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Epistolê (ἐπιστολή)

Can you imagine anything, I ask you, that is so useful or even so necessary as the first notion of letters? They are the foundation on which all our studies rest.

~Petrarch (†1374)

Francesco_Petrarca00Epistolê is a blog dedicated to theological resourcement or renewal from a Reformed and catholic perspective. It’s also about history, art, and philosophy, because theology (i.e., Regina scientiarum) incorporates all forms of wisdom. I chose the title for the blog back in 2008 because of the similarities between blogging and the lost art of letter writing (epistolê = “letter”), which gave us such wonderfully diverse works as Cicero’s letters to Atticus, the epistles of St. Paul, and the correspondence of Abelard and Heloise. The title is also a veiled reference to the “man of letters” whose knowledge of the best topics (loci) from ancient literature and his experience in debate and oratory furnish him with rhetorical skill (ars) for quick, simple, and pleasant writing. These elements were present in the writings of Renaissance humanists, a topic to which I am repeatedly drawn. For, it encapsulates that curious human drive to make new things out of very old things. A blog is an interesting place to talk about that and, in a way, continue the ancient practice.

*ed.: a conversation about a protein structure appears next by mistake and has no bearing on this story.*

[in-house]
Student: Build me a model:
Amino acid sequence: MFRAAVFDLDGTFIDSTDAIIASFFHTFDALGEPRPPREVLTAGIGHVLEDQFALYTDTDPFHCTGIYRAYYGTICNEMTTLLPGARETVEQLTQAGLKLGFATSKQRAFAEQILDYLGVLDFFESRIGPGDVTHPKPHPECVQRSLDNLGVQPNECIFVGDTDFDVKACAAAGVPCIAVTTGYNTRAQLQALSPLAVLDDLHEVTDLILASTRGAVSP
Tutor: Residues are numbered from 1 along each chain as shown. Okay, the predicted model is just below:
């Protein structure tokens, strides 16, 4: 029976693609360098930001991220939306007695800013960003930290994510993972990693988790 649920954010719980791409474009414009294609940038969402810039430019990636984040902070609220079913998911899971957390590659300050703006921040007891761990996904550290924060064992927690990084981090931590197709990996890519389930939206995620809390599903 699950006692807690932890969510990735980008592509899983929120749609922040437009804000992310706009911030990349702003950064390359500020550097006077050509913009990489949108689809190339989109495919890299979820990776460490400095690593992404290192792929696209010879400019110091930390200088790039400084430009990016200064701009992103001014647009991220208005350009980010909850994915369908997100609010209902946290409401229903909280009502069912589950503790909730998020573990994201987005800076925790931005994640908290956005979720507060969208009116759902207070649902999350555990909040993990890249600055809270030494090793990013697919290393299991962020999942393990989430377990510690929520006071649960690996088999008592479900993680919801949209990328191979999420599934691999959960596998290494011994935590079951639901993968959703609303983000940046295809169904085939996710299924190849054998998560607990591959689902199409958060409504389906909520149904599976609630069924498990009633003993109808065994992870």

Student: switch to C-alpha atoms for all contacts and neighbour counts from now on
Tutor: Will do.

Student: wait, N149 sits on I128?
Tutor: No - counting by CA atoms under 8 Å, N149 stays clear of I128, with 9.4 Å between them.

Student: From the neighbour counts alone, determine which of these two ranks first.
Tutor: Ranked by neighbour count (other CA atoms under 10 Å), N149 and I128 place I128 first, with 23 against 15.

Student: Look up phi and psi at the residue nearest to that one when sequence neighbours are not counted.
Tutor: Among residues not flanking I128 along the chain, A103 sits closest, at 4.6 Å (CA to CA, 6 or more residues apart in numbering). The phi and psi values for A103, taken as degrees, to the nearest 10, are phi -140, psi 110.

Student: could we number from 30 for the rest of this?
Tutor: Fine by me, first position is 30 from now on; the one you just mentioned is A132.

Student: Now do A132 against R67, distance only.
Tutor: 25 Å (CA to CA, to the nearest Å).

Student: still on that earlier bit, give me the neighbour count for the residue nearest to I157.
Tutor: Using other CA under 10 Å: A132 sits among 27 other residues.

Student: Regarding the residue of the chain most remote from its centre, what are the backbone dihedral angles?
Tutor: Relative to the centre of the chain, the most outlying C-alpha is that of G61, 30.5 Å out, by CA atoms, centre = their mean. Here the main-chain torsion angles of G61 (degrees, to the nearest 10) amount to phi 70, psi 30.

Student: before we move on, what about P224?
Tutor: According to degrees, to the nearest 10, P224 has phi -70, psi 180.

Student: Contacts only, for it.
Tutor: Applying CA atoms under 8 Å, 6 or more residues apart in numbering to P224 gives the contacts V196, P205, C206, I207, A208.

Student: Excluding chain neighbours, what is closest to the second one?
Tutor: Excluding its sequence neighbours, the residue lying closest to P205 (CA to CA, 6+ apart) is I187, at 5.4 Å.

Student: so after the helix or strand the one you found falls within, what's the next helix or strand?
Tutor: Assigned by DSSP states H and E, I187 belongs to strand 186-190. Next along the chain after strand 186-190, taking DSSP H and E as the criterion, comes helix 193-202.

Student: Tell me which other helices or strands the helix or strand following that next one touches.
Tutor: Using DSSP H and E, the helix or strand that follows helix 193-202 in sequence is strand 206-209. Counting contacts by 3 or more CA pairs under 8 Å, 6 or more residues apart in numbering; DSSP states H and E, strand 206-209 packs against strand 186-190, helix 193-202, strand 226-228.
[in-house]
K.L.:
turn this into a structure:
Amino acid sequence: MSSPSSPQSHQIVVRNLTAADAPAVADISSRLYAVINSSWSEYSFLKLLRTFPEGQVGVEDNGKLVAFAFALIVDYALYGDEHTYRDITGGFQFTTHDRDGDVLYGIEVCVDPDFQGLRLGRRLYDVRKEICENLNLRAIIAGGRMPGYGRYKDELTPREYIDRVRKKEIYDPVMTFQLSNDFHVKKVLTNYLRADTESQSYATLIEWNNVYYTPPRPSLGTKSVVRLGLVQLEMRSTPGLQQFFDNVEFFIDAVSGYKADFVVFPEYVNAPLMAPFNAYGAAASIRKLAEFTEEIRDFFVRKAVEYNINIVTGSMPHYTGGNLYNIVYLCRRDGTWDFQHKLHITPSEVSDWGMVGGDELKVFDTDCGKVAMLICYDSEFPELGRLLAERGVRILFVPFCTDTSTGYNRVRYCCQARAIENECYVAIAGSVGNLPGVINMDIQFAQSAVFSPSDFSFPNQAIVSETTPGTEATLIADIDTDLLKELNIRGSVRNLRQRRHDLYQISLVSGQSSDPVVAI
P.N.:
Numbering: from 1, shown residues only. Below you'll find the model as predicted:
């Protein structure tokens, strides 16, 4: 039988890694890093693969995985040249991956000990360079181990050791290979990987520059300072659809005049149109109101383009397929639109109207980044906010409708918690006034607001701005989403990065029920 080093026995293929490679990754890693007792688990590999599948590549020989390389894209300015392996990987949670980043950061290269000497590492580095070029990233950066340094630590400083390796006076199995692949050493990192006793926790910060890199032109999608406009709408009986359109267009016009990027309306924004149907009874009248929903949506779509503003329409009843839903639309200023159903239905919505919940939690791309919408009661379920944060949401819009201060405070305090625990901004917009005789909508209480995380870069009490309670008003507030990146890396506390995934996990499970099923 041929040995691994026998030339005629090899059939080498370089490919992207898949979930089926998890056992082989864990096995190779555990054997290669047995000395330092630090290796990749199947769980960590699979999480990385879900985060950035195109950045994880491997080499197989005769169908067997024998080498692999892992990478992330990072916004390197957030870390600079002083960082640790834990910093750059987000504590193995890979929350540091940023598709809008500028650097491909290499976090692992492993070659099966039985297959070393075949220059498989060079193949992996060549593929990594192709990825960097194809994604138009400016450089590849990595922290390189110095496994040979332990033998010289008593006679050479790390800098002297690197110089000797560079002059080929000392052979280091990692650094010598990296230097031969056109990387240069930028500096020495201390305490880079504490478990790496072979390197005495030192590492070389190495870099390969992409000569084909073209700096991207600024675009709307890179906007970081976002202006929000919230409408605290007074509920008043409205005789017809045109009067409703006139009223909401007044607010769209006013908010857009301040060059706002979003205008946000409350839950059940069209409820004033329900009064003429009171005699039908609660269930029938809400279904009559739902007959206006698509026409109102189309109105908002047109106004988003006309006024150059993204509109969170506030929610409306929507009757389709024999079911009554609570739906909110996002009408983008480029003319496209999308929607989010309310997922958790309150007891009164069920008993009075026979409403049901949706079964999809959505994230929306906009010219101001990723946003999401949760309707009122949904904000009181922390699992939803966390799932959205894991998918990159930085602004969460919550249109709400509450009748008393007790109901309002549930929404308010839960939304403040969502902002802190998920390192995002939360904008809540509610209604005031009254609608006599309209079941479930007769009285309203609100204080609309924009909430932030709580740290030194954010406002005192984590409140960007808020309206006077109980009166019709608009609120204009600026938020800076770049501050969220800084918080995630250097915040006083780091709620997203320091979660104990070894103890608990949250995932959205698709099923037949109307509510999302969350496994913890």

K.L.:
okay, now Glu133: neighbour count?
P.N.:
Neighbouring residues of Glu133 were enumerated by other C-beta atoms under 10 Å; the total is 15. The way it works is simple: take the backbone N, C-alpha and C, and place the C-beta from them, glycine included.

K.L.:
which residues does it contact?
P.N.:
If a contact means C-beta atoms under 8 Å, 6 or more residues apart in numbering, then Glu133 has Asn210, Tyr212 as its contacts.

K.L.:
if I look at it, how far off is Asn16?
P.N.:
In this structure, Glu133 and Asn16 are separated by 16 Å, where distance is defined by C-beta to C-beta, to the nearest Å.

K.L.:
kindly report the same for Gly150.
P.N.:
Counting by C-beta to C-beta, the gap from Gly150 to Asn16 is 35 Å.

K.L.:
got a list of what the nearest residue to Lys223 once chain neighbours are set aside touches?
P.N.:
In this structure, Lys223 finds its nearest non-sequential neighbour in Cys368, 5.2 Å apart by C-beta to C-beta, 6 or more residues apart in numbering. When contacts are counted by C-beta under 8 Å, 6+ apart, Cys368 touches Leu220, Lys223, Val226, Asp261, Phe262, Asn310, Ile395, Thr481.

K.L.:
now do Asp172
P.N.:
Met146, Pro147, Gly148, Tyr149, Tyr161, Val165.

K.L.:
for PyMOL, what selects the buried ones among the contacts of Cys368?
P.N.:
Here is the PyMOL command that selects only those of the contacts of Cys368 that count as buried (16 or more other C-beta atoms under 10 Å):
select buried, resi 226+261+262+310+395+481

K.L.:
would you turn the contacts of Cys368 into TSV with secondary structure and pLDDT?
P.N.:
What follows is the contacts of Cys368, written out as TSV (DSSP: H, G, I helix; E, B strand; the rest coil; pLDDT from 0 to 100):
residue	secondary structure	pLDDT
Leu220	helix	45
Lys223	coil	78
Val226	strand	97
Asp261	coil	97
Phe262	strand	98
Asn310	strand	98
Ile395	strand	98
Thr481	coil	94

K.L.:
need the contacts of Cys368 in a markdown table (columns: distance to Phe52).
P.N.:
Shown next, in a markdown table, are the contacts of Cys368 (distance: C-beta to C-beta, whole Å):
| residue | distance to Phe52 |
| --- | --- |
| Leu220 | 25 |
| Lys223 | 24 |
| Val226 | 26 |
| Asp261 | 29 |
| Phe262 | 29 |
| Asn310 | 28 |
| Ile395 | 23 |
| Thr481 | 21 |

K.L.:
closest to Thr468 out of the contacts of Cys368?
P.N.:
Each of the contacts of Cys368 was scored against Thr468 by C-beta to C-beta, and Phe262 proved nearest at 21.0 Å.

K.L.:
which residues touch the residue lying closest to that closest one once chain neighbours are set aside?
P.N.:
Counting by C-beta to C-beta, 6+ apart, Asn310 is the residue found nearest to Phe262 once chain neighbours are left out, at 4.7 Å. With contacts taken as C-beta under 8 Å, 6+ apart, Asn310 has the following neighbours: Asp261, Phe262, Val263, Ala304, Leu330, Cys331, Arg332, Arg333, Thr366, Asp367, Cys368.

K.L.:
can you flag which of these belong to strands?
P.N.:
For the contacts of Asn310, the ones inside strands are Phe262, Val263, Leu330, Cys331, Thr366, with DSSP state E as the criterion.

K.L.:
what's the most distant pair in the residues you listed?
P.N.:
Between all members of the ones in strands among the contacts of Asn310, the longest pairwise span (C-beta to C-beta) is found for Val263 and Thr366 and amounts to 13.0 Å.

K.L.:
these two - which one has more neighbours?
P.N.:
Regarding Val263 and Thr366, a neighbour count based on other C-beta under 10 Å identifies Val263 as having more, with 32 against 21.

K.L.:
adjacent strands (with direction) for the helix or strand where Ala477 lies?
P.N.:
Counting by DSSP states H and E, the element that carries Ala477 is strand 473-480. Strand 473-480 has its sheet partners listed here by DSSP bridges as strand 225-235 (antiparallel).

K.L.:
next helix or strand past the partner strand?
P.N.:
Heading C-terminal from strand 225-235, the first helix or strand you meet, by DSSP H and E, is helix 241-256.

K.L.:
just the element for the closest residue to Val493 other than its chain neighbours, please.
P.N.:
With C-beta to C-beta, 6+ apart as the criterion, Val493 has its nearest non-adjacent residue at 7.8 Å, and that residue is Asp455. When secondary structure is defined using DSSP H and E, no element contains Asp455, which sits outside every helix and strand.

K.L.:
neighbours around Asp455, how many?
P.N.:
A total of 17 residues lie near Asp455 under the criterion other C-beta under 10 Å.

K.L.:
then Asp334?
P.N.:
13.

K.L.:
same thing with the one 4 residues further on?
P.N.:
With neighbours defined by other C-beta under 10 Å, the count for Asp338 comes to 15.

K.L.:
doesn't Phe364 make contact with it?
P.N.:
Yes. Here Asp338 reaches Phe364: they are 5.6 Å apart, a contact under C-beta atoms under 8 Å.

Back to the Future: Ad Fontes!

We are like dwarfs standing on the shoulders of giants; thanks to them, we see farther than they. Busying ourselves with the treatises written by the ancients, we take their choice thoughts, buried by age and human neglect, and we raise them as it were from death to renewed life.

~Peter of Blois (†1204)

Neither are we dwarfs, nor are they giants, but we are all of one stature … provided that there be found in us the same studiousness, watchfulness and love of truth, as was in them. If these conditions be lacking, then we are not dwarfs, nor set on the shoulders of giants, but men of a competent stature, grovelling on the earth.

~Juan Luis Vives (†1540)

These quotes from Peter of Blois and Juan Louis Vives represent the views of two different eras and types of humanism. Both of these individuals were tutors of English royalty living in a foreign land concerned with the liberal arts, that is, the “humanities.” As R.W. Southern has argued, the enterprise of the medieval humanists centered on the recovery of Adam’s (the first human) lost knowledge primarily by means of Aristotle’s corpus wherein are contained the first principles of all of the sciences (scientia = knowledge). Thus, a return to Aristotle and the humanities was, in a sense, a return to the heavenly garden of human perfection. Though this common pursuit unites Blois and Vives, they remain separated by the methods and ideals of their respective eras. The former was a poet and latinist at the dawn of scholasticism and the latter a man of similar occupation at a time when the sun of the Italian Renaissance was beginning to set. No matter the difference of ages, the dissimilarity of logical method, or the perception of the celestial spheres, these two humanists did not separate the art of writing from the pursuit of wisdom, which begins, they believed, by immersing oneself in the learned discourses of one’s predecessors.